There is considerable variation in gene-expression levels between individual cells. Bengtsson et al. show that these levels are distributed log-normally rather than normally, which implies that the arithmetic mean does not represent the situation in a typical cell. They also show that the levels of expression of different genes in the same cell do not generally correlate, and suggest that mechanistic conclusions can be drawn when they do.

Using reverse transcriptase quantitative real-time PCR, they measured the transcript levels of 5 genes in 169 mouse pancreatic cells. For each gene the results were distributed log-normally across the sample cells, making the geometric mean a more appropriate representation of the data than the more commonly quoted arithmetic mean. For the insulin genes, Ins1 and Ins2, up to 9-fold differences were found between the arithmetic and geometric means.

Of the five genes studied, only Ins1 and Ins2 expression levels correlated at the level of the individual cell. Levels of ActB, the β-actin gene, correlated with these two only at the overall population level, whereas levels of the final two genes did not correlate with any of the others. This indicates that expression-level differences in individual genes are not due to cells having different levels of overall transcription. The authors suggest that genes that correlate at the individual cell level are co-ordinately regulated, whereas those that correlate at the population level merely respond to the same environmental stimuli.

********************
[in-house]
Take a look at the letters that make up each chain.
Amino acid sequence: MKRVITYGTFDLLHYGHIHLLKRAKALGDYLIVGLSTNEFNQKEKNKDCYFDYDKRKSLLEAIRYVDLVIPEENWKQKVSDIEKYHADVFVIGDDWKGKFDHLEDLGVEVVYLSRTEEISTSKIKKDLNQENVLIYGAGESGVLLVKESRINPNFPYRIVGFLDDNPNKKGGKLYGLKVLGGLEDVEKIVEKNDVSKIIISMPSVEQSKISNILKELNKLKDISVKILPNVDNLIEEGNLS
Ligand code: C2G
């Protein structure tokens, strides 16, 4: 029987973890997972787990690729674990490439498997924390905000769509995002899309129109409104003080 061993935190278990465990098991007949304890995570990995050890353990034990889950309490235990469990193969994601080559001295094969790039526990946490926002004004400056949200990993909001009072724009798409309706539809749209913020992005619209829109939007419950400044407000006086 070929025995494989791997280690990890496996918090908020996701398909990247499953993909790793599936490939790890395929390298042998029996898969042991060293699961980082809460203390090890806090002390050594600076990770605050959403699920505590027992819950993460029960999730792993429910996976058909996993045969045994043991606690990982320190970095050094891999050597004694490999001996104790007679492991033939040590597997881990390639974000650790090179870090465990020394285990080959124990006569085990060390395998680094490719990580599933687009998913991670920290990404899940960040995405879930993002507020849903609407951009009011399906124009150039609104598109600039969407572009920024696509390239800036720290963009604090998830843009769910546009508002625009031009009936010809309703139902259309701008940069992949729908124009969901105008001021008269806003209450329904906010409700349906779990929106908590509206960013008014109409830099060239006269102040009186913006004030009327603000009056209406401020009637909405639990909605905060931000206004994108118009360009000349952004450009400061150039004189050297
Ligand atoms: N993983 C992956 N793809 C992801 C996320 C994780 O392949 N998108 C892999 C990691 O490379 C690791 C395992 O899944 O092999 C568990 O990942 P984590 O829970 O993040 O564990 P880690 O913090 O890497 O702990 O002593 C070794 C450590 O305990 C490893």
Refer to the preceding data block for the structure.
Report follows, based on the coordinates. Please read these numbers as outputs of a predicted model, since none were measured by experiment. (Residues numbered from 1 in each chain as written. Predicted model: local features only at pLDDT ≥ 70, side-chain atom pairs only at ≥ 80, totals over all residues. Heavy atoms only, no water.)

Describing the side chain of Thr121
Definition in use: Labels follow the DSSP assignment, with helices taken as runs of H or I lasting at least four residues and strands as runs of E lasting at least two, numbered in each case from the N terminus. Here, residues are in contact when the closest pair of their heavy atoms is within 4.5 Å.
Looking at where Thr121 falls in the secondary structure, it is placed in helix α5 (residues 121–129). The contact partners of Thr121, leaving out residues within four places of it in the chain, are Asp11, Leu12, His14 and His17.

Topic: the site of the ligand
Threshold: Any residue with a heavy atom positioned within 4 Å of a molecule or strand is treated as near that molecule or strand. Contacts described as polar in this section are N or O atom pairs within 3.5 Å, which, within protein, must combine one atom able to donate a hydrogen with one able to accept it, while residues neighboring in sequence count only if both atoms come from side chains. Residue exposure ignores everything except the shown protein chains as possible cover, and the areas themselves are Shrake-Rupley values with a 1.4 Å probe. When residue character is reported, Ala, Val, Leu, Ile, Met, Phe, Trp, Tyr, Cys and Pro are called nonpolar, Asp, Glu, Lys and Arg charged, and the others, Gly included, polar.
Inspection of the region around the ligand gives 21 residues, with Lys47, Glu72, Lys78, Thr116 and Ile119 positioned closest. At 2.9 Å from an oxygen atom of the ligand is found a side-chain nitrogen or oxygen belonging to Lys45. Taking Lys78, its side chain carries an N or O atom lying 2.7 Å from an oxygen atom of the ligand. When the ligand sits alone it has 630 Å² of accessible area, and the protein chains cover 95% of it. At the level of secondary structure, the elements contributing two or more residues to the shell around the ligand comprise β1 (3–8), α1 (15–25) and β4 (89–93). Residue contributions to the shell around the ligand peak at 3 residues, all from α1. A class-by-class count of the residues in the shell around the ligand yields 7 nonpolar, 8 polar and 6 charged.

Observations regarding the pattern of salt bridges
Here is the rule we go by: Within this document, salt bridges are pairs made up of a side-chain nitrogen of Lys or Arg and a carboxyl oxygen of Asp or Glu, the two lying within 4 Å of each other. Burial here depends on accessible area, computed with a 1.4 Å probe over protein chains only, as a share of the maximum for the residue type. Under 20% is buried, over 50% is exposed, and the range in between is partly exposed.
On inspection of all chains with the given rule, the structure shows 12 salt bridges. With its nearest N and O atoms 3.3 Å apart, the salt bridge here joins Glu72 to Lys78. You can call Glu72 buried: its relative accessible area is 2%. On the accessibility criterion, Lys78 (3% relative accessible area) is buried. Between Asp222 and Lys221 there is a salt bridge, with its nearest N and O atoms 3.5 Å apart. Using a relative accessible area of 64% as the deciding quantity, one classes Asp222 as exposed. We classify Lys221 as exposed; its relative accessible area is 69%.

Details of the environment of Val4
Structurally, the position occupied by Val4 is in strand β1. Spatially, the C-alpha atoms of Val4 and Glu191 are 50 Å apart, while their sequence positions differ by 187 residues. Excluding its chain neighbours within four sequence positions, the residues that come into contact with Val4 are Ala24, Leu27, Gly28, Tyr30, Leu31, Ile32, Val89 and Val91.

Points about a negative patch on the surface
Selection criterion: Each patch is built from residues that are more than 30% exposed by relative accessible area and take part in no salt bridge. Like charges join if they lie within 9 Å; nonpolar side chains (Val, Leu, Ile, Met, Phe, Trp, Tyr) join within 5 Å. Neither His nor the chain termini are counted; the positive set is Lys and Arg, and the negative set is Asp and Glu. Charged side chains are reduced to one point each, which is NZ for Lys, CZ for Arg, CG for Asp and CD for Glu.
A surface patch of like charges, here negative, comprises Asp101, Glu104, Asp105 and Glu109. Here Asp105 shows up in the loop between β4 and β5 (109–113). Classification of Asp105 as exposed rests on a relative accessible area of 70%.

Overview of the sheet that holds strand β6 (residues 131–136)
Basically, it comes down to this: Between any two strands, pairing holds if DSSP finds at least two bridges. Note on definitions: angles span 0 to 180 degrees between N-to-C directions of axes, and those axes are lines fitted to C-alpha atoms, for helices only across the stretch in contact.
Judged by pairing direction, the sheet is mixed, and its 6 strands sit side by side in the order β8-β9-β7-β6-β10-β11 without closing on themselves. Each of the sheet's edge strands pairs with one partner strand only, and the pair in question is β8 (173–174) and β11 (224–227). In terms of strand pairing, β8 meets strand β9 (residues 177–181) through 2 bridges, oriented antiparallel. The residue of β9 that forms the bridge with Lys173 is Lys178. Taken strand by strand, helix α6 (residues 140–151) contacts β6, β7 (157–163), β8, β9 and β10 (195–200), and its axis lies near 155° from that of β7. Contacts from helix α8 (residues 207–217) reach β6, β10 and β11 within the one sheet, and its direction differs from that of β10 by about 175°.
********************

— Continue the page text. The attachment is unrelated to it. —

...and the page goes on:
The importance of these findings is demonstrated by the fact that we might have underestimated the effect of glucose on insulin expression by almost 4-fold, which could be important in the administration of therapeutic insulin.